As the saying goes ‘it is about the journey, not the destination’. For us this also applies to assurance cases. They are dynamic objects which evolve in the system life cycle. What is important is the way how you manage the status and changes of the argument and the evidence to finally get and maintain a valid and convincing assurance case. This especially critical for continuous assurance cases.
This is opposite to the concept of a static assurance case report. Yes, the approved assurance case report is static but it is the process of assurance case development and evolution that we should focus on. It is hard to add quality at the last stage. It should be built from the very beginning. The quality of the final assurance case report should result from the quality of the whole process. A practice we can advise is continuous argument reviews with the use of the assessment.
The assessment is a way of communicating the argument quality between parties involved in the process. The assessment contains two pieces of information: the assessment value and a narrative comment.
In diagrams we use colors to represent the assessment value which allow to quickly see the status in large arguments:
- Green color represents accepted parts of the argument.
- Red color is used to present the rejection of the argument and indicate problems or defeaters.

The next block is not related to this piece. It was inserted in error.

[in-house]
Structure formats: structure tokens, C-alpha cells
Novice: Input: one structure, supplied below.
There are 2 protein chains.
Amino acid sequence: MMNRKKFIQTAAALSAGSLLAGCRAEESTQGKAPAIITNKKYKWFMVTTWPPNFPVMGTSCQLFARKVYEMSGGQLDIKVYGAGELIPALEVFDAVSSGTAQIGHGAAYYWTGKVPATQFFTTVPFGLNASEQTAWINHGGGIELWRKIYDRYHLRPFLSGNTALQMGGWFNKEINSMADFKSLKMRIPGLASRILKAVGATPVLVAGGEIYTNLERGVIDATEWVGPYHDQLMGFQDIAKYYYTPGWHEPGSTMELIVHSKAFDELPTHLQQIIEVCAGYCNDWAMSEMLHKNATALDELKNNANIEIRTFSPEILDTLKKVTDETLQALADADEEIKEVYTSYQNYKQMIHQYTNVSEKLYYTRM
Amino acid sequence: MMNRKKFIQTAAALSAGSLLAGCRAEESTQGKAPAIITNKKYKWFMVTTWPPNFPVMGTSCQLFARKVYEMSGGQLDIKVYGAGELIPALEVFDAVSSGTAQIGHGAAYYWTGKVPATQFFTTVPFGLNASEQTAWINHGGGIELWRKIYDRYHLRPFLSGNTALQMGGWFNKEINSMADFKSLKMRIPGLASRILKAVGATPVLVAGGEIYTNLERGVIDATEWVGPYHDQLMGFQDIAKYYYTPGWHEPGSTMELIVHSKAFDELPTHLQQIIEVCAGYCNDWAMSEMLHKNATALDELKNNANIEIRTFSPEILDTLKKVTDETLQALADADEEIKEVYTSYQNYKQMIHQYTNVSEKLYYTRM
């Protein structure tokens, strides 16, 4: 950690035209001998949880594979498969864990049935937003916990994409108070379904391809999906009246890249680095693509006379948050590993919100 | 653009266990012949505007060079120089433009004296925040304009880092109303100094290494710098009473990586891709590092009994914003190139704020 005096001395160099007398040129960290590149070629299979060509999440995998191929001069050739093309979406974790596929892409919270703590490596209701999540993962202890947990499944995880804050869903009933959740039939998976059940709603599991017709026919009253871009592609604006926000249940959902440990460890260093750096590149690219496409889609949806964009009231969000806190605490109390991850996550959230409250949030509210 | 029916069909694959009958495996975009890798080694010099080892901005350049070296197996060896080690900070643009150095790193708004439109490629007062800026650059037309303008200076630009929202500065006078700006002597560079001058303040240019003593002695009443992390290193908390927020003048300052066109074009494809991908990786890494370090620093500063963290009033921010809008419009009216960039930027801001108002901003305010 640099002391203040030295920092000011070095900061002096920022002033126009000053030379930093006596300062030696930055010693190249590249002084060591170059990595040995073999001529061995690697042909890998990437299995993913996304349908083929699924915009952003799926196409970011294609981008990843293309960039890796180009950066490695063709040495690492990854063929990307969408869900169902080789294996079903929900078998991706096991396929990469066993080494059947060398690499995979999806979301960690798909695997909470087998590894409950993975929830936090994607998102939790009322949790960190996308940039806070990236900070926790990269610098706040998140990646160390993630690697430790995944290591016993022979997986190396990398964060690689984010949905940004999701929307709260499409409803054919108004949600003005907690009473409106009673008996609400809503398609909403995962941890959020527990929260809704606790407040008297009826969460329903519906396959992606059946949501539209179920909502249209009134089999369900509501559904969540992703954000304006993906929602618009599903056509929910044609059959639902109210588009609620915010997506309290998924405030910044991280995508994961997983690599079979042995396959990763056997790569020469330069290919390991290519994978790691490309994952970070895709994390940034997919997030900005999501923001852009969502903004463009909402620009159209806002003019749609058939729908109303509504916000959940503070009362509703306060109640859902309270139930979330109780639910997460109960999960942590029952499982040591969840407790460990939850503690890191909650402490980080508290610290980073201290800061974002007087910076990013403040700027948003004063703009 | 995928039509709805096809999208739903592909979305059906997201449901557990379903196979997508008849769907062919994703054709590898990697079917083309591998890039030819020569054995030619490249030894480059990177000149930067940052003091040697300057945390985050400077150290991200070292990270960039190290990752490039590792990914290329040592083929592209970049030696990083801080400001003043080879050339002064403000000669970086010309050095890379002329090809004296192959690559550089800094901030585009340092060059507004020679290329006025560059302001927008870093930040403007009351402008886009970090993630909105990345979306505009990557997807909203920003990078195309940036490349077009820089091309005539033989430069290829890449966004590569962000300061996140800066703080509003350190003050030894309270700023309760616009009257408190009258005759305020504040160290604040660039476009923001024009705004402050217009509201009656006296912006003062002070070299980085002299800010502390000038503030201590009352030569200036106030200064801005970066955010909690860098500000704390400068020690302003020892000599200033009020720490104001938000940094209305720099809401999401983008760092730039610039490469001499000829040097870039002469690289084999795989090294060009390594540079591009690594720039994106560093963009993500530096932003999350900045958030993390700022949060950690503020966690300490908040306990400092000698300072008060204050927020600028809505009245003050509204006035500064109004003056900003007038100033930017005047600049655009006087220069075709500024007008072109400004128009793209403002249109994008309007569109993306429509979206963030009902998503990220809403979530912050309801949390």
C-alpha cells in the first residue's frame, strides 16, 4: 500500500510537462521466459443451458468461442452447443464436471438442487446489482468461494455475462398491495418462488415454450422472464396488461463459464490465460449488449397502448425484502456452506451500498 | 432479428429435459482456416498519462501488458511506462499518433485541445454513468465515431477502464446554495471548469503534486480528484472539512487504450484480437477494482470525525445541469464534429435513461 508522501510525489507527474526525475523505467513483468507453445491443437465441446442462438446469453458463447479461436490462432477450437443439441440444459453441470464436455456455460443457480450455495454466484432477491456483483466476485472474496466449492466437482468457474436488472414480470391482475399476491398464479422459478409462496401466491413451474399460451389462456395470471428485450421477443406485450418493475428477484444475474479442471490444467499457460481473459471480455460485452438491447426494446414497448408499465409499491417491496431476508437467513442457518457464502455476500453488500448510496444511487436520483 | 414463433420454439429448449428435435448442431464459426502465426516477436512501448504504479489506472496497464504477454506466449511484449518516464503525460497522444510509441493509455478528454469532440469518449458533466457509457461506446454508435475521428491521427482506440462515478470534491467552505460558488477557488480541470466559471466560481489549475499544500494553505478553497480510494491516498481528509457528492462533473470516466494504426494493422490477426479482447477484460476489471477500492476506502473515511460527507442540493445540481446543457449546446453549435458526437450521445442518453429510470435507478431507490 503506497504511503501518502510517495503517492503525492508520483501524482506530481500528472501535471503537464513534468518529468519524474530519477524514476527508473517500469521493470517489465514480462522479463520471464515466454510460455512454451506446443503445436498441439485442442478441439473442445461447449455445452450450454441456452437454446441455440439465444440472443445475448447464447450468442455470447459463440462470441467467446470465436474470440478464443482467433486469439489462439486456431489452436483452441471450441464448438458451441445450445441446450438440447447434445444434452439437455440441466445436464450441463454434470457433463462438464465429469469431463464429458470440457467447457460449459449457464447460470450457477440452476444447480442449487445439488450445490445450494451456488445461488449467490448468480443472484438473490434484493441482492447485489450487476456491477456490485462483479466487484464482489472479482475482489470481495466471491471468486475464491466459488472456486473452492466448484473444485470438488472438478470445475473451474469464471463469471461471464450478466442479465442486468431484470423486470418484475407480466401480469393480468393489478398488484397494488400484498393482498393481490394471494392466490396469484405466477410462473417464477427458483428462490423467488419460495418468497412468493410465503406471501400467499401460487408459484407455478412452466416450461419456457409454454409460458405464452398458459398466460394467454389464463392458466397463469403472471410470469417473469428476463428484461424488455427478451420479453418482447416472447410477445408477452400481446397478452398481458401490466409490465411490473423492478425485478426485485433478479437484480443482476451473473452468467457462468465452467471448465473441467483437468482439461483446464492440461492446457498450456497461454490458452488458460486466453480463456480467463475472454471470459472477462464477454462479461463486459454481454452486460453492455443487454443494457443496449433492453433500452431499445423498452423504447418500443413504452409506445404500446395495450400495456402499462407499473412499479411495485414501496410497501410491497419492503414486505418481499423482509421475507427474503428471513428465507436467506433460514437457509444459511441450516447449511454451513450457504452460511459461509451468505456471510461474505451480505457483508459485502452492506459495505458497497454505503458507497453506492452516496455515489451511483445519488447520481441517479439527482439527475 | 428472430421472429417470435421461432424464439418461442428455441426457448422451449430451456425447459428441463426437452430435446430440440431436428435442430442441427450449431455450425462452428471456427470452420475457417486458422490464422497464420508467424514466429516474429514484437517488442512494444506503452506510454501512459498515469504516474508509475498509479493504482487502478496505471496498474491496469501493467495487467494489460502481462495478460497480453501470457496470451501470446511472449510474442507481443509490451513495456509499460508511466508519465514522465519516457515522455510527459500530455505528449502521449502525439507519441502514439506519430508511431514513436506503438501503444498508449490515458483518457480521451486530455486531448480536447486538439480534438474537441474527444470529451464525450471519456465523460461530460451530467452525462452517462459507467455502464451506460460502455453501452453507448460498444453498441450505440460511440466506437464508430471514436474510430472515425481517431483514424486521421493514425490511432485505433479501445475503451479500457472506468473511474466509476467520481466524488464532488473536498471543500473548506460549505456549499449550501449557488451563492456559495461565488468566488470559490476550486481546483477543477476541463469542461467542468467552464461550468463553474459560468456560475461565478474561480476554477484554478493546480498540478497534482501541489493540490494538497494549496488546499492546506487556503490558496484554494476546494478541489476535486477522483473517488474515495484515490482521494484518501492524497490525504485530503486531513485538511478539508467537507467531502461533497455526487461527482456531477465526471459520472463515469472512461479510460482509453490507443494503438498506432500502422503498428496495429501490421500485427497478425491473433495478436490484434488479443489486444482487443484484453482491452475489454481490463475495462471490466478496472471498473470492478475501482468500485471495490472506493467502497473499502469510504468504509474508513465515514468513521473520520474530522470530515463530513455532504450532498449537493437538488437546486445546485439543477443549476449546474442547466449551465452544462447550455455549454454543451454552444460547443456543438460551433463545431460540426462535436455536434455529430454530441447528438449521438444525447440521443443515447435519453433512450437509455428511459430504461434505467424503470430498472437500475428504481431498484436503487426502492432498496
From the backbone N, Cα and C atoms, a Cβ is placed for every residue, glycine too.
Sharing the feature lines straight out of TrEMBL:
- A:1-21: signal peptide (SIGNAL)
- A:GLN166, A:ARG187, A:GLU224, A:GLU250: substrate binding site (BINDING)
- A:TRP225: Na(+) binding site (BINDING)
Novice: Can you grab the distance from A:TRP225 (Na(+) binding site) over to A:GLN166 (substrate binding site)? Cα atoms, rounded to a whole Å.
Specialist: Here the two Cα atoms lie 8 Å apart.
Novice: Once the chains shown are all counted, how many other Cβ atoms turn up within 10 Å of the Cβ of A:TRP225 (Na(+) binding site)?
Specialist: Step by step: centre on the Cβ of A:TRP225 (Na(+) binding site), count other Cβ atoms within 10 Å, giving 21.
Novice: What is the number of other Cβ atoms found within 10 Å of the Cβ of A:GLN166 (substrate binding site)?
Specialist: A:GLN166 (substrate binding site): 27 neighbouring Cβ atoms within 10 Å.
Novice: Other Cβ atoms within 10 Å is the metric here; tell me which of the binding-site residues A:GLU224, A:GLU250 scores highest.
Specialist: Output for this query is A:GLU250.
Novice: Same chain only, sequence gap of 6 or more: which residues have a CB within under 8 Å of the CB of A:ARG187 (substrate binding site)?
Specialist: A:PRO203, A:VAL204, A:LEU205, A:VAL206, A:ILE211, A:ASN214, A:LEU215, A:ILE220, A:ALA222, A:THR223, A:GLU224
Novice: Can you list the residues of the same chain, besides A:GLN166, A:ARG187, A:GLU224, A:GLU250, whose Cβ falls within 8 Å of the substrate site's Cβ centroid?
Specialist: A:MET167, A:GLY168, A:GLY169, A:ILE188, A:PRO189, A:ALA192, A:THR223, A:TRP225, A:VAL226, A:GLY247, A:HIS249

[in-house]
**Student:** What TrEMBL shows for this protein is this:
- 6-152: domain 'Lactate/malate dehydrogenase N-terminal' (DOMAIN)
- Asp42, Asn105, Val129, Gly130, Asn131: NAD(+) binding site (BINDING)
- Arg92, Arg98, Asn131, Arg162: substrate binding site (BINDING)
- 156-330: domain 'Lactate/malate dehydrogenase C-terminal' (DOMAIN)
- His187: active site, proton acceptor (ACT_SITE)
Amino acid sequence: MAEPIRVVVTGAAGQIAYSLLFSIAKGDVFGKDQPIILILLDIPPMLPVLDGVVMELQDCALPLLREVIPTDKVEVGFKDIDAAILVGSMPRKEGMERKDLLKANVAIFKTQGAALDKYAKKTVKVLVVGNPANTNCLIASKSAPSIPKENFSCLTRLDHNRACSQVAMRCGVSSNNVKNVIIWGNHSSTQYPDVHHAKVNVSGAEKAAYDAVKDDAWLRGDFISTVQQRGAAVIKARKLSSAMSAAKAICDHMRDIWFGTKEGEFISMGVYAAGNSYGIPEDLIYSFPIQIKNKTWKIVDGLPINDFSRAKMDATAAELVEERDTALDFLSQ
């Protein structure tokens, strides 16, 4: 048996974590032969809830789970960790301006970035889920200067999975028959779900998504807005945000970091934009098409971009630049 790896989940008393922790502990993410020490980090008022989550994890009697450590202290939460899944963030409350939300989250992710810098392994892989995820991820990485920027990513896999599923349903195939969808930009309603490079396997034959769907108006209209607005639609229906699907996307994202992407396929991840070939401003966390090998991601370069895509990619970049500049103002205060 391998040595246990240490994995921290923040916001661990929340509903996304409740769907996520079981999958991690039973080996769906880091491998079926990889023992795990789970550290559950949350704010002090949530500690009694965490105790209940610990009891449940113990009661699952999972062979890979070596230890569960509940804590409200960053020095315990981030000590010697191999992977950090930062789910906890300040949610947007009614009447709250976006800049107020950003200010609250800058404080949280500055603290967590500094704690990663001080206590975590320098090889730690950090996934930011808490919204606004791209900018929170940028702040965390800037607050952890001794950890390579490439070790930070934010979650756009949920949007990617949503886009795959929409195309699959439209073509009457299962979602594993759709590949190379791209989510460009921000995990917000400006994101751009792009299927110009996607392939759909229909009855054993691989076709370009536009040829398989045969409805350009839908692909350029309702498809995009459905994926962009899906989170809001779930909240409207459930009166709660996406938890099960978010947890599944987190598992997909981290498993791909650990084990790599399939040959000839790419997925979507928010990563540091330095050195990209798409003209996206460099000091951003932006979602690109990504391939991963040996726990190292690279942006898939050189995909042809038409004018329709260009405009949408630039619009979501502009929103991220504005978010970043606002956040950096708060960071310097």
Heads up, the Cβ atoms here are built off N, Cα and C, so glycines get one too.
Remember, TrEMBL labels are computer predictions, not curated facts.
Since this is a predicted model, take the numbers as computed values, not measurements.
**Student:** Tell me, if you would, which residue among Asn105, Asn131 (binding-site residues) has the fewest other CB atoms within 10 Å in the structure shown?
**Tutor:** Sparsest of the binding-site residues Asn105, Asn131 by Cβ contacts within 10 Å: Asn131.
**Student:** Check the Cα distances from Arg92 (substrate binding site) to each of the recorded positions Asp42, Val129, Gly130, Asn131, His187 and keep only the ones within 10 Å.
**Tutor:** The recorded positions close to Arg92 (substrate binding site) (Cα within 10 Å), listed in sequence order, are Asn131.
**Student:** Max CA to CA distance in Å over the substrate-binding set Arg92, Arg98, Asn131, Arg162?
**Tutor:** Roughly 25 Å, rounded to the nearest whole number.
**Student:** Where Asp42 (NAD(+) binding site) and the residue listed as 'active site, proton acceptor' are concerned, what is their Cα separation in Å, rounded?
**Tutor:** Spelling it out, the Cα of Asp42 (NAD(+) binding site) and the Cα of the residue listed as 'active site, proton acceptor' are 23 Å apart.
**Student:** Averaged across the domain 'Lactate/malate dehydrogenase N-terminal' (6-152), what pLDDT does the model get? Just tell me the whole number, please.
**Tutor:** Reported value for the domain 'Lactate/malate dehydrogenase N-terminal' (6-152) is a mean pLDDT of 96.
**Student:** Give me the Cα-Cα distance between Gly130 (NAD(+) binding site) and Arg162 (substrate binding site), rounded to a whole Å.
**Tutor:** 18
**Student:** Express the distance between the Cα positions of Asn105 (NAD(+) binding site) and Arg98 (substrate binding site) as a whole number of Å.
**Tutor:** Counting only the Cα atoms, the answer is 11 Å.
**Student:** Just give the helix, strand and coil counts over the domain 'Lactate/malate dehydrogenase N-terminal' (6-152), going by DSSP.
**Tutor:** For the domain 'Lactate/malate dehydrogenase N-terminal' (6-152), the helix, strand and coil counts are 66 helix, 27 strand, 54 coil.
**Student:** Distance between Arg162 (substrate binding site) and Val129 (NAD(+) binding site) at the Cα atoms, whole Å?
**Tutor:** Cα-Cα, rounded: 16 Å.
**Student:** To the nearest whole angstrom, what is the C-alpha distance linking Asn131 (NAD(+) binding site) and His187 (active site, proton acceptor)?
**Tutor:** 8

- Yellow color is used for missing information or uncertain quality.
The assessment comments help to identify problems and give guidance on how to improve the argument structure. Users can share comments, questions and answers and discuss specific parts of the arguments.
You can also use the assessment to track progress in achieving fully accepted argument. The target can be called as the “all green” argument. The red color in the argument assessment means that some parts have been rejected, probably some defeaters had been found. The argument needs to be corrected so that the red color disappears when re-evaluated.
The assessment of an assurance case is often performed in two phases. First you develop the argument and do the self-assessment. The complete argument may be subject to third party review. When possible you can also involve independent reviewers at early stages of the assurance case development.
Does frequent or continuous assessment make sense when the argument is still being modified? Any change to any element of the argument or evidence requires a reassessment. The problem is to determine which assessments are no longer valid. NOR-STA helps with this and identifies areas that need to be reviewed and reassessed.
In modular arguments the assessment mechanism will take into account the dependencies on other modules. You will get acceptance of a given module only if all supporting modules are accepted. Changes to sub-modules have an immediate effect on the assessment of higher-level modules.
The assessment flows through the argument structure up to the top claims and to the high-level argument modules. This mechanism is sensitive to any changes in the argument elements and evidence and it enables continuous control of argument quality and validity.
A quick summary:
- The assessment gives information which parts of the argument are complete and verified.
- In case of any changes the tool will advise to reassess the affected parts of the argument.
- This also works for modular arguments, because evaluation is passed through module interfaces.
The assessment mechanism in NOR-STA is one of the elements enabling the continuous evolution of assurance cases.